Quebec Innu Political Actions in Labrador - The much needed recognition of
our rights: a necessity for the development of Labrador

SEPT-ÎLES, QC, April 28 /CNW Telbec/ - Here is the open letter to the editor from the Chiefs of the Innu Strategic Alliance:

    In 1927, the Privy Council of London met and decided upon of what would
    become the border between Quebec and Labrador, a territory annexed to
    Canada along with the province of Newfoundland when it joined the
    Canadian Confederation in 1949. The important point to remember is that
    there was, and well before 1927, an Indigenous group, the Innu
    (previously called the Montagnais) who lived on this territory. Our
    ancestors spent their entire life, from birth to their passing, hunting,
    using and occupying the land. They lived off the land, on the Labrador
    side as well as on the Quebec side. From time immemorial, our hunters
    relied on the Caribou for the sustenance of our People and up to today,
    the Innu have always maintained a special relationship with it.

    For the survival of our nation (as recognized in 1985 by the Quebec
    National Assembly), for the survival of our language and that of our
    culture, we believe that this special relationship with our Land and its
    resources must be maintained and should not be severed without our
    consent. That is the fundamental reason why we continue to occupy our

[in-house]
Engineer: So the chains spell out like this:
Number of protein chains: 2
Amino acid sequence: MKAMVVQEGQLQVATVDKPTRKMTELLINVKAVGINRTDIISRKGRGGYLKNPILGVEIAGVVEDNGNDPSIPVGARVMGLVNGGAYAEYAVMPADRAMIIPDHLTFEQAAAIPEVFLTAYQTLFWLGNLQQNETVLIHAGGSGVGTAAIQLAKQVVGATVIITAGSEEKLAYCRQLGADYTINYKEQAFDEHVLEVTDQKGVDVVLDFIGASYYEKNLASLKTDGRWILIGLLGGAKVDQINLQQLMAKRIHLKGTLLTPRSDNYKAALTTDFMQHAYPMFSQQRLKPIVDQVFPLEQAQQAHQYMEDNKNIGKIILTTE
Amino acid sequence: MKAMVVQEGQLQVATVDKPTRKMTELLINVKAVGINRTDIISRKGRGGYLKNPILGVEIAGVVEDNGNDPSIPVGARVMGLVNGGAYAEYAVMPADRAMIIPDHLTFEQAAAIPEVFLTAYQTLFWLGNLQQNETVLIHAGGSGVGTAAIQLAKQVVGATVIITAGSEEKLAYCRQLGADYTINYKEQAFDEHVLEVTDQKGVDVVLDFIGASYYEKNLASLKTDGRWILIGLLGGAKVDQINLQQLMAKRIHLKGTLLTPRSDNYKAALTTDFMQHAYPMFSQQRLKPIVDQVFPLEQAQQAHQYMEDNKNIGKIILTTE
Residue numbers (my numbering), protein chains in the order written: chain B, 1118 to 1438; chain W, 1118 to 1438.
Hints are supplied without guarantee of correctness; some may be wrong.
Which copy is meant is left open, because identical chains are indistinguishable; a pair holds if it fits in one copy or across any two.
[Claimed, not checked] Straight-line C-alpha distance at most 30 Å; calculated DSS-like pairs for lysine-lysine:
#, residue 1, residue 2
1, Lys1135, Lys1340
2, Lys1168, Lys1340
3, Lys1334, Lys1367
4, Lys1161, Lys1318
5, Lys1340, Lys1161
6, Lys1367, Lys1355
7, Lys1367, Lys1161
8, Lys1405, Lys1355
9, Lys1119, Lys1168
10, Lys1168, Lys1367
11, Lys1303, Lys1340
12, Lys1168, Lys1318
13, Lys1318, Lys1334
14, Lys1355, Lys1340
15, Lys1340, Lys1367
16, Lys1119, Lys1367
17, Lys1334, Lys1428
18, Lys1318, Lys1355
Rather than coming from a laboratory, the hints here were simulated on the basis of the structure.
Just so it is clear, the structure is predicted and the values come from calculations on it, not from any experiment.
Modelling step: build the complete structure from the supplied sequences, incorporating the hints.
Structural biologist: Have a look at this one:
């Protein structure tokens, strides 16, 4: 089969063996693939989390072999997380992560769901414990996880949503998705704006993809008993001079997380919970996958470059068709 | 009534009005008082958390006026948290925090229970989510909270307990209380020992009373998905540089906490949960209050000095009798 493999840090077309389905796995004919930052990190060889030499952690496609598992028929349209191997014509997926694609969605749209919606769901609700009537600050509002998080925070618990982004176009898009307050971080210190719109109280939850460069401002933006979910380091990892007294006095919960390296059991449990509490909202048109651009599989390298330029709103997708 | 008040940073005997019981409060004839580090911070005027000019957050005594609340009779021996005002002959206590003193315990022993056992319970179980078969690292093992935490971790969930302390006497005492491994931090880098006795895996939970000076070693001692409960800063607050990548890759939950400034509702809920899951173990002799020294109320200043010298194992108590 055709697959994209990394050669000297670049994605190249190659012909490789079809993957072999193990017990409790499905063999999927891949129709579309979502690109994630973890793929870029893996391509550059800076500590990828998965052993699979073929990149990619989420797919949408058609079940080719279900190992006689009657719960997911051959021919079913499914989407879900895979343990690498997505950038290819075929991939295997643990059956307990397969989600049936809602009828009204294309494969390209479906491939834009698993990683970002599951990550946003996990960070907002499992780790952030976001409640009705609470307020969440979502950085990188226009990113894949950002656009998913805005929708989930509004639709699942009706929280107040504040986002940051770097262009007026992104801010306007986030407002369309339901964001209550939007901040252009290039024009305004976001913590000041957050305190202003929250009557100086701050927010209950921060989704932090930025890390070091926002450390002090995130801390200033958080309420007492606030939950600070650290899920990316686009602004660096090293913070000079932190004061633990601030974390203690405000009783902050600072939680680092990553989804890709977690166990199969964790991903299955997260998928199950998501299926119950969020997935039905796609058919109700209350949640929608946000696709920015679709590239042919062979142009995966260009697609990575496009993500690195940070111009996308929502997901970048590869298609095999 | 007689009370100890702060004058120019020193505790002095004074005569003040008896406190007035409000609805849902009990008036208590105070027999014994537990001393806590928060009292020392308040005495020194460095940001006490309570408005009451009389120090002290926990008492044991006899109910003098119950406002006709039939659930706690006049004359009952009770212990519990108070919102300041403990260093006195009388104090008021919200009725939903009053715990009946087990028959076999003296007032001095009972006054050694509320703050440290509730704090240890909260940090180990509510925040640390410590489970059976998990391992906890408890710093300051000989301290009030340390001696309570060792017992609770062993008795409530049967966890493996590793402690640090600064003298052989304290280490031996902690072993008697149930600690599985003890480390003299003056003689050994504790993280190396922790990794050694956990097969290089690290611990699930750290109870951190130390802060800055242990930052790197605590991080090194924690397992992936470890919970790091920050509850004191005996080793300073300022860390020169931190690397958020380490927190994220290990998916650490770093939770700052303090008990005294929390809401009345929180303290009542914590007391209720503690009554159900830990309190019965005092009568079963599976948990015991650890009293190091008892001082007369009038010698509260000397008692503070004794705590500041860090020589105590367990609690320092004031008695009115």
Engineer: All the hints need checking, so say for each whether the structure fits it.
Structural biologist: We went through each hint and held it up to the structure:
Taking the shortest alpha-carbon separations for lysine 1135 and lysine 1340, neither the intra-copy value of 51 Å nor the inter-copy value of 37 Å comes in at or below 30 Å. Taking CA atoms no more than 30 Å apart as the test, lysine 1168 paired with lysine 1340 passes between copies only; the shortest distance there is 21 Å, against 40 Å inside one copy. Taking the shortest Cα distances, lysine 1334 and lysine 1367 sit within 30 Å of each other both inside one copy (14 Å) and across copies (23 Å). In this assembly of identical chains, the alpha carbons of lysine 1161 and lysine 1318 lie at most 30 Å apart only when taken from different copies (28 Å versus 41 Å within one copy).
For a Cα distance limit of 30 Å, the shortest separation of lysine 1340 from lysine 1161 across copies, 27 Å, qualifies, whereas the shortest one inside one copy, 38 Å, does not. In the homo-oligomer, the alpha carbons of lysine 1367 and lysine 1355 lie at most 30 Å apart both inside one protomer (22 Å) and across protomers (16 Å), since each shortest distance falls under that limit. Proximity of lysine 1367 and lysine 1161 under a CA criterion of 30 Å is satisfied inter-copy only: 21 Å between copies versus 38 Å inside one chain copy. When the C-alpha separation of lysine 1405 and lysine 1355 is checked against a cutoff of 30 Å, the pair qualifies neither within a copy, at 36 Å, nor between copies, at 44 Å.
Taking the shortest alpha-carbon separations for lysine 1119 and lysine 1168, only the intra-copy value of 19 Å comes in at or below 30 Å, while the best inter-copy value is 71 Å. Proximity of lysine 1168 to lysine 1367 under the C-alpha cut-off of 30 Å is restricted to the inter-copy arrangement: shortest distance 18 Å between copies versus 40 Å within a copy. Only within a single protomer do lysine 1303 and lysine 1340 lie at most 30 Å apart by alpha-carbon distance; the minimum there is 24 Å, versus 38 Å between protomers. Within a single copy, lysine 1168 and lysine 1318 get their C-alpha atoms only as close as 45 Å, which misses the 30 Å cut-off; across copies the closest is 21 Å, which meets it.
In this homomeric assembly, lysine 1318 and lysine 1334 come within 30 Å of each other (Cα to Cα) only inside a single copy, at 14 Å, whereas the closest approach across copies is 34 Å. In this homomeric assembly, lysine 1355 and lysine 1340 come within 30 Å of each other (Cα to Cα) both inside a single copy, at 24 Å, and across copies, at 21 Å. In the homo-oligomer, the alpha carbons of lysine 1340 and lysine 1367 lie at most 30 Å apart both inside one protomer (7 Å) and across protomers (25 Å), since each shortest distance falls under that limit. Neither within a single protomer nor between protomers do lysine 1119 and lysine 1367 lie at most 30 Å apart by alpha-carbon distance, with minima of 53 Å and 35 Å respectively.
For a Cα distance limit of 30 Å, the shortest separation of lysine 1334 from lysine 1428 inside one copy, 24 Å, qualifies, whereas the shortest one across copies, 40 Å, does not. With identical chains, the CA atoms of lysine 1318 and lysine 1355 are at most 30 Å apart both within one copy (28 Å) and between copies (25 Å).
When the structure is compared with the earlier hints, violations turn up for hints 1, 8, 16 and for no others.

territory and why we pursue our traditional activities, regardless of the
    Quebec and Labrador border that we just do not recognize.

    The hostility of the Newfoundland and Labrador government regarding the
    Quebec Innu has been felt by our People for many years, but is not
    justified. We are not claiming anything to anyone. But we are proclaiming
    our inherent existing rights and we feel we are entitled to be respected
    in the exercise of those rights.  After all, we live in a society where
    the rule of law prevails. Thus, our rights, including our aboriginal
    right to hunt for our sustenance, guaranteed in our Constitution, should
    be recognized and fully respected.

    It is therefore imperative that Katie Dunderdale, Deputy Premier and
    Newfoundland Minister of Natural Resources, accepts this simple fact : as
    long as our rights are not recognized in Labrador, we will continue to
    organize hunting expeditions with two goals in mind: the survival of our
    members and the recognition of our rights.

    No hidden faces

    We are ready to have our day in court, defend and win our cause and be
    recognized as Innu in our homeland: Nitassinan. As a matter of fact, in
    February, in our last community hunt, none of our members had their faces
    hidden or covered and we will continue to do so in the future as we feel
    that our actions are legitimate and legal. The simple fact that none of
    our members was arrested proves without a doubt that we have a valid
    claim in our positions.

    We urge the Newfoundland government, the media and the people of
    Newfoundland and Labrador to lay back a bit and try to look at the
    situation with a broader perspective. Our current approach is in no way
    directed against the people of Newfoundland and Labrador. We simply ask
    for the legitimate recognition of our rights on our homeland: Nitassinan.

    Our Nation won't back down as we are ready to stand on our grounds as
    proud Innu.

    The five Chiefs of the Innu Strategic Alliance


For further information: For further information: Marie-Hélène Boudreau-Picard, Consultant, Cardinal Communication, (450) 638-5159, (514) 349-2315, 1-877-638-5159,,

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